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Driving: Florida’s New Urbanist Experiments

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Photo: Martha Camarillo

One damp, overcast Florida morning I find myself enjoying one of Celebration’s signature amenities, a string of public rocking chairs, while gazing at the alligators in the town lake. I’m talking on my cell phone to Andrés Duany himself. Celebration is not his doing: Duany is quite clear on that point. Hard-core New Urbanists regard Celebration with a degree of disdain, as microbrew enthusiasts might regard a beer with an oddball name made by Budweiser. Duany urges me to check out Alys Beach, DPZ’s "state-of-the-art" community under construction on the Panhandle, where I’ll be heading in a couple of days. He boasts that it’s the summation of everything he’s learned thus far. He also suggests that I visit Haile Plantation, designed by developers Robert Kramer and Matthew Kaskal, which, as it happens, is the next stop on my itinerary.

During our chat, I keep thinking: "Here I am in Celebration, talking to Andrés Duany." Similarly, during breakfast at the Market Street Café, a Denny’s in disguise, I sit reading the only available newspaper thinking, "Here I am in Celebration, reading USA Today." There is something about the design of the place that makes me endlessly self-conscious. The pieces are not bad: an Art Deco movie theater, a string of Floridian commercial buildings in colors like tangerine and teal, a handful of ostensibly public postmodern buildings by name-brand architects such as Robert A. M. Stern, and the cotton candy-colored Celebration Hotel (where I could only book a single midweek night because all 115 rooms are full for the weekend). But these small-town components don’t quite gel into a genuine small town; instead, they form something that’s clearly a simulation of small town. It’s very Truman Show. The one thing, so far, that I’ve found to like about Celebration is the rich variety of tropical birds I see along the town’s meandering footpaths. The birds, I’m sure, are authentic.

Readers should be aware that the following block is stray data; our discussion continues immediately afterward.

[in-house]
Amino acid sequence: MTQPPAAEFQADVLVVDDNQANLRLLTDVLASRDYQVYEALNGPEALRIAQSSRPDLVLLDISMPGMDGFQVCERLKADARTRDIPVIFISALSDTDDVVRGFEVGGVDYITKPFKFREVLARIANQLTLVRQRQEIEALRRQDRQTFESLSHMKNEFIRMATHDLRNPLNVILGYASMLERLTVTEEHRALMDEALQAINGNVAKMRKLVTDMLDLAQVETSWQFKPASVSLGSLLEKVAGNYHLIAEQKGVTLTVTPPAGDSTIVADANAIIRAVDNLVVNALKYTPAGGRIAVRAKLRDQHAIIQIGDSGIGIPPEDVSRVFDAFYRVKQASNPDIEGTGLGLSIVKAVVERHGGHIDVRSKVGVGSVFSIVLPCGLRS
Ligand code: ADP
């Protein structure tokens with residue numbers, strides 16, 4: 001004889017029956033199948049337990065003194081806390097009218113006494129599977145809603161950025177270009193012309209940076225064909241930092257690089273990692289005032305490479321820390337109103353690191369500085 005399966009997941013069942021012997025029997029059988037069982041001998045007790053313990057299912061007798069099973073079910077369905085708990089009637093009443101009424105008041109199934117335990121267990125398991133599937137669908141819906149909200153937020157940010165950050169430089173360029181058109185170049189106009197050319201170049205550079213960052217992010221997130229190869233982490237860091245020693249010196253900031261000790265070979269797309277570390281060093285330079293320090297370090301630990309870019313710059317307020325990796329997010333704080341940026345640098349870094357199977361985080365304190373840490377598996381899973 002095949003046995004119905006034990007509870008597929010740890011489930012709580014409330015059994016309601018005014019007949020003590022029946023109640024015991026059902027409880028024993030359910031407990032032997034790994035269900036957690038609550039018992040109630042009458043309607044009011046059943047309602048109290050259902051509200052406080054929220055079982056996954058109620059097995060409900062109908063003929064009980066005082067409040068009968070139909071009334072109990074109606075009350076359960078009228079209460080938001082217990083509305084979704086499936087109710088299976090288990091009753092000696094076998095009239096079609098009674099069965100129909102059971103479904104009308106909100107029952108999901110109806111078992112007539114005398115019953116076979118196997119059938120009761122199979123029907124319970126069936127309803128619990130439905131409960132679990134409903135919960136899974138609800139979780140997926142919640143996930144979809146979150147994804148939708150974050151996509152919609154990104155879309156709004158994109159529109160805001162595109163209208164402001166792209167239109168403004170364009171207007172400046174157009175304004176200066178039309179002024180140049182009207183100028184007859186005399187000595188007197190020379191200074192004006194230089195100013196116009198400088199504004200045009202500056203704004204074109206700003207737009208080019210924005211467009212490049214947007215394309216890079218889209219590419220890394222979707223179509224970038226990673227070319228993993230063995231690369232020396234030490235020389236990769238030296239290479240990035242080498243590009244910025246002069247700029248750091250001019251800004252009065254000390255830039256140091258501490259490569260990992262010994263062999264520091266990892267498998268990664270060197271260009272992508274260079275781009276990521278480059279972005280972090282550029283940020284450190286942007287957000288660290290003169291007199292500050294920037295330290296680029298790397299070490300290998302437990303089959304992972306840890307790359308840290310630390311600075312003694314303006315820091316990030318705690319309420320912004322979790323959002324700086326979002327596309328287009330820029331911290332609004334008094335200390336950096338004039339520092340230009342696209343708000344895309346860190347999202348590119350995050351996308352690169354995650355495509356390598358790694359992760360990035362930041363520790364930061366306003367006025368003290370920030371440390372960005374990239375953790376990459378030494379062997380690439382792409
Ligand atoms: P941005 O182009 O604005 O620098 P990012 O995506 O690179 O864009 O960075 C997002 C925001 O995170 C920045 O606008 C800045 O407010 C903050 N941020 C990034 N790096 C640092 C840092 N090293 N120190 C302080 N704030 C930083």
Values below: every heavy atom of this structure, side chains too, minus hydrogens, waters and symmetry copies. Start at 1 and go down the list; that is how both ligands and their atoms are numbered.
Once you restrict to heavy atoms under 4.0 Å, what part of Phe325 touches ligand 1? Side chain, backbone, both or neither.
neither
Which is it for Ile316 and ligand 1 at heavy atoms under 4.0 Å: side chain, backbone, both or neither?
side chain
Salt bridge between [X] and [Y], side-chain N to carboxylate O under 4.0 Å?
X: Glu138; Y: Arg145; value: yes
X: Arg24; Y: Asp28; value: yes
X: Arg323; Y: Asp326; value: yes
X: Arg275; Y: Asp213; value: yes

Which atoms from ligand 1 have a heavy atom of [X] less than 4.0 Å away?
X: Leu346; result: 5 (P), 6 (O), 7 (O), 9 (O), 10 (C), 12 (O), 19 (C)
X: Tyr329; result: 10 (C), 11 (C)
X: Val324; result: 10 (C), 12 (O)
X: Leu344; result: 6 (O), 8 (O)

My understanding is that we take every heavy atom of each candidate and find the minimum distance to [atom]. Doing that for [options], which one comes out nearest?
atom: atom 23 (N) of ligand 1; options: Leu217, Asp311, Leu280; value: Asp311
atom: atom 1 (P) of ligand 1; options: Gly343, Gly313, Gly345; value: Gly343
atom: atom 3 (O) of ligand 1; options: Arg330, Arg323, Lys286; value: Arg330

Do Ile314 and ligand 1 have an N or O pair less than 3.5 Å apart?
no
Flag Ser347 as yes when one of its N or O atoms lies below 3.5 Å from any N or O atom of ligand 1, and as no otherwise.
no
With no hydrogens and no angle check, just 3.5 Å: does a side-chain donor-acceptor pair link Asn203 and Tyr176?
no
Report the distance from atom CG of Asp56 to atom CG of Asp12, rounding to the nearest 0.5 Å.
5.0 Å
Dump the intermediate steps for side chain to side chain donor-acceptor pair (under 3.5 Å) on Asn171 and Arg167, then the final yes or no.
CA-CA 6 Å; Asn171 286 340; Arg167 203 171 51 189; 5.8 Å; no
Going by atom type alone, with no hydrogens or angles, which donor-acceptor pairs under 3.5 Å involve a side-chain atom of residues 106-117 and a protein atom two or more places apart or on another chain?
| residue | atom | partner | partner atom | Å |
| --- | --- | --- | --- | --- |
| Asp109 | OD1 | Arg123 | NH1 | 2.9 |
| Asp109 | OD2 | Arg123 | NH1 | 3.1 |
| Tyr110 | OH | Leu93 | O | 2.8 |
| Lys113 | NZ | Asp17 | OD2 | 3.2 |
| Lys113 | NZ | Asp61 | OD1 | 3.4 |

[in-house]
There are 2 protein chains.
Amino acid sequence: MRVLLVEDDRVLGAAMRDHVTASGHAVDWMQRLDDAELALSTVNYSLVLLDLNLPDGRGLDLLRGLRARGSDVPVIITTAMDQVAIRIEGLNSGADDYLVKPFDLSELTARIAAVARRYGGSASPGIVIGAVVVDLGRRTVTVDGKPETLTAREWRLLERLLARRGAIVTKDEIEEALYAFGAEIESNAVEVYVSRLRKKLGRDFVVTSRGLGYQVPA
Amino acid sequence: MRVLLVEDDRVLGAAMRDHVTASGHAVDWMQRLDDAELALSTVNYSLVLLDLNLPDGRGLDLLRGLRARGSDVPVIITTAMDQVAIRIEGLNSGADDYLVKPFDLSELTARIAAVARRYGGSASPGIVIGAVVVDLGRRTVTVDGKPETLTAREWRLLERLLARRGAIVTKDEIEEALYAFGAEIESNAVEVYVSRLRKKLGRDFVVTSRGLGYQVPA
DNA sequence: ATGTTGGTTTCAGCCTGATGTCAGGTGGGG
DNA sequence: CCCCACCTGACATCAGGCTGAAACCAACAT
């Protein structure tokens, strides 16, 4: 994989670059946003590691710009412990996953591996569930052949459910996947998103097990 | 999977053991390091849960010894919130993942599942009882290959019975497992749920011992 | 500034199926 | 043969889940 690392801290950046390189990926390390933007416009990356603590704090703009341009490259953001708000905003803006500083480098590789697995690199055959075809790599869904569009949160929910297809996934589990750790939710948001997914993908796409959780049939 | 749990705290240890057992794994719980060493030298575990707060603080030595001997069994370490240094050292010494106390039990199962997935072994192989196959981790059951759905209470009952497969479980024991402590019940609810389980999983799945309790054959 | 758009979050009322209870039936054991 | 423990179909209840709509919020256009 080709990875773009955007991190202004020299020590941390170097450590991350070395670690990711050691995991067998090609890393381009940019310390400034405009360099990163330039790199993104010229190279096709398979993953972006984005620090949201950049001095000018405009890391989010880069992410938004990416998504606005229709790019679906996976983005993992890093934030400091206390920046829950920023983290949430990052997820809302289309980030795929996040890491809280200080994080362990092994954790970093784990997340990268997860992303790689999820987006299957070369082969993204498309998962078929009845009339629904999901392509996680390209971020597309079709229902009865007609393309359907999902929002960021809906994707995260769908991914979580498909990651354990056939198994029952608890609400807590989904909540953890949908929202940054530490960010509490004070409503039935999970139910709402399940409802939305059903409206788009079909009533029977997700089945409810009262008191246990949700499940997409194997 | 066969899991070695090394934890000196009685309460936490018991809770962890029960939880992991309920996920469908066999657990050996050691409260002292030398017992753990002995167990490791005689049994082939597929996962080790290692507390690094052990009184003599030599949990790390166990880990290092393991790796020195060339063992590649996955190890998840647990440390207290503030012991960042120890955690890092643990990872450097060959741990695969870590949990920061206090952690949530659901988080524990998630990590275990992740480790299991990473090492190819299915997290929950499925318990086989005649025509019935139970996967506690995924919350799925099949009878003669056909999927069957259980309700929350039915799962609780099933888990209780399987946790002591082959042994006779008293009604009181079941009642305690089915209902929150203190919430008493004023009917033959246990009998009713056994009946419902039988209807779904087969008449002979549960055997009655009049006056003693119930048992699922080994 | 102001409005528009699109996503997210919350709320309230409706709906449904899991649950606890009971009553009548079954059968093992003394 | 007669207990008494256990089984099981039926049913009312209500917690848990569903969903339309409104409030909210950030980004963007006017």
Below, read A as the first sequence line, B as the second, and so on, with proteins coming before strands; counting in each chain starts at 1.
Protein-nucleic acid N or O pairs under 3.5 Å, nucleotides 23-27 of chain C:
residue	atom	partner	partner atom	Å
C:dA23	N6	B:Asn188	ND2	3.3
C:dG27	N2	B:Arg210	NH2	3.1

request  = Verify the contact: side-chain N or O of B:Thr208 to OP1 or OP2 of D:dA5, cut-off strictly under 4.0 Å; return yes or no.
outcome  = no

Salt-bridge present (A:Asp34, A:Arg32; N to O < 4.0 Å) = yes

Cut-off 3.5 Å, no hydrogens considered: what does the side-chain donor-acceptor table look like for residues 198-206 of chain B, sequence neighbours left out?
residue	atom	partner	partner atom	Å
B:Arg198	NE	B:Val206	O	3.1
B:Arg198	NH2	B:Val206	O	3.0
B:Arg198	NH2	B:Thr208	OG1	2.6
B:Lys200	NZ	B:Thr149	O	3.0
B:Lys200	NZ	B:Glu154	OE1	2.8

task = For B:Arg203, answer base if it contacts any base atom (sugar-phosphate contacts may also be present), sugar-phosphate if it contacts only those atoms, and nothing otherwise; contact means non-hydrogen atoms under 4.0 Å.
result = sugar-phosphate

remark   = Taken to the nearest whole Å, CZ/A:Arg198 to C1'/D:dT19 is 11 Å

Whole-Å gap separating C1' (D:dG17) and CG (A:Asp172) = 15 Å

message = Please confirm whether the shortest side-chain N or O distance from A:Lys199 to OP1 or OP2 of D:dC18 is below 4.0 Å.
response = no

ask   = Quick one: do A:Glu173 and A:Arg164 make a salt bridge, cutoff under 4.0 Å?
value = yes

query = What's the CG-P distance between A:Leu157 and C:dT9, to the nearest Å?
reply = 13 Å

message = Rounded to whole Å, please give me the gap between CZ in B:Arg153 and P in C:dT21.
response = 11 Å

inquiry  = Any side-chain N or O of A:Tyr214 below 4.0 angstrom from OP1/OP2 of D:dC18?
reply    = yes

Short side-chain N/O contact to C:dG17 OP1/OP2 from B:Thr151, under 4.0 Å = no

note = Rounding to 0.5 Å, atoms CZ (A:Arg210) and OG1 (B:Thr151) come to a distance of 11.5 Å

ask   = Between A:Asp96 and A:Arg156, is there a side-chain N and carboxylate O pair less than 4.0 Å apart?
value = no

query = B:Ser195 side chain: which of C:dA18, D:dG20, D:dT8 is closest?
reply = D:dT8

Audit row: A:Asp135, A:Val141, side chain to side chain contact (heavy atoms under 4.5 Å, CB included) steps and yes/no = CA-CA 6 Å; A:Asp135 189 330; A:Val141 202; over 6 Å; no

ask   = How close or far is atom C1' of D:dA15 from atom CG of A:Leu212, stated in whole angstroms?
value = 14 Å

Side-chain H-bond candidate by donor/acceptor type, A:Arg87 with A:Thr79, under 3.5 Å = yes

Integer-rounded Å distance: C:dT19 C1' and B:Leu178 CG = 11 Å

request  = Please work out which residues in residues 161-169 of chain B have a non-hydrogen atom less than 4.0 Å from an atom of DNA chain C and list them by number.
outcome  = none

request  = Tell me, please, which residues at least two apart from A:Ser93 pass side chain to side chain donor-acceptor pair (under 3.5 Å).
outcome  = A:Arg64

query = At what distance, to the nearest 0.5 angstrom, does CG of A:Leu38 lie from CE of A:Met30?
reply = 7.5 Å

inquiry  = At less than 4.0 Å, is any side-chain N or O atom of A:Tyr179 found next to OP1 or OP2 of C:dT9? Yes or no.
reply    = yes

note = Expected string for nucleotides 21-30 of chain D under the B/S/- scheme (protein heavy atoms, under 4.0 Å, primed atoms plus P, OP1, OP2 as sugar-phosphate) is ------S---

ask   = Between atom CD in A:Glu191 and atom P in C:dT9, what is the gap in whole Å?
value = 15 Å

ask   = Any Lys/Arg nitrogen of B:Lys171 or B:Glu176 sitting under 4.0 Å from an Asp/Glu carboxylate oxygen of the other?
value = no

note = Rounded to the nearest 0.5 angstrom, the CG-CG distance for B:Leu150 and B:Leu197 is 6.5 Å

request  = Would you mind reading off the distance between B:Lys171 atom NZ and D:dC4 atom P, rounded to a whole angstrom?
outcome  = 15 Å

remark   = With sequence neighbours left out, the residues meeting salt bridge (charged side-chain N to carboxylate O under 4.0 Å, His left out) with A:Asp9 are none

I subject Celebration to "the Popsicle test," a concept I find on the official New Urbanism Web site: "An eight-year-old in the neighborhood should be able to bike to a store to buy a Popsicle, without having to battle highway-size streets and freeway-speed traffic." I rent a chartreuse one-speed and pedal to outlying neighborhoods and note that Popsicle sources are few and far between. What is for sale here is real estate. I inspect a painstaking replica of a California craftsman-style cottage that’s called the Berkeley. Everyone I meet along the way tells me the same story: Disney actually has less and less to do with Celebration. In 2003 the majority on the Celebration Residential Owners’ Association shifted from representatives of the Disney-owned Celebration Company to the home- owners. According to the locals, Celebration—à la Pinocchio—is on its way to becoming a real town. On the other hand, in early 2004, Disney sold the entire business district to a company called Lexin Capital. The fact that downtown Celebration can be sold in its entirety—18 acres, 16 shops, six restaurants, some office space, and a number of apartments—explains a lot about why it doesn’t feel real.

Haile Village Center, outside Gainesville, has no hotel. I hear rumors of a small bed-and-breakfast, but it sounds more like a spare room than a business, so, on the advice of my friend Donna, a local photographer specializing in weddings, I opt for a couple of nights in Micanopy, a genuine small town just south of Gainesville. I book a room at the truly lovely Herlong Mansion, where, according to the brochure, "yesterday and today…are not all that different." It’s an 1845 Cracker farmhouse that, in 1910, was remodeled into a "classic revival imitation of a Southern colonial design." You can think of it as a precursor to New Urbanism’s faux historicism. Micanopy, supposedly the oldest inland town in Florida, is full of quirky buildings that have grown stranger over time, buildings that have character that no architect or planner could intentionally reproduce.

By contrast, the 50-acre Haile Village Center, a New Urbanist implant in the sprawling 1,700-acre cul-de-sac subdivision called Haile Plantation, is fairly predictable. It is roughly contemporary with Celebration, a product of the mid 1990’s, but the look is picture-perfect 19th century, with brick sidewalks, narrow streets, and corners that are more like kinks. The architecture is loaded with Southernisms: sheet-metal roofs, second-story porches, town houses with side yards. The businesses are more interesting here than in Celebration, where the best store specializes in teddy bears. You can actually buy Marimekko clothing or a decent bottle of wine.


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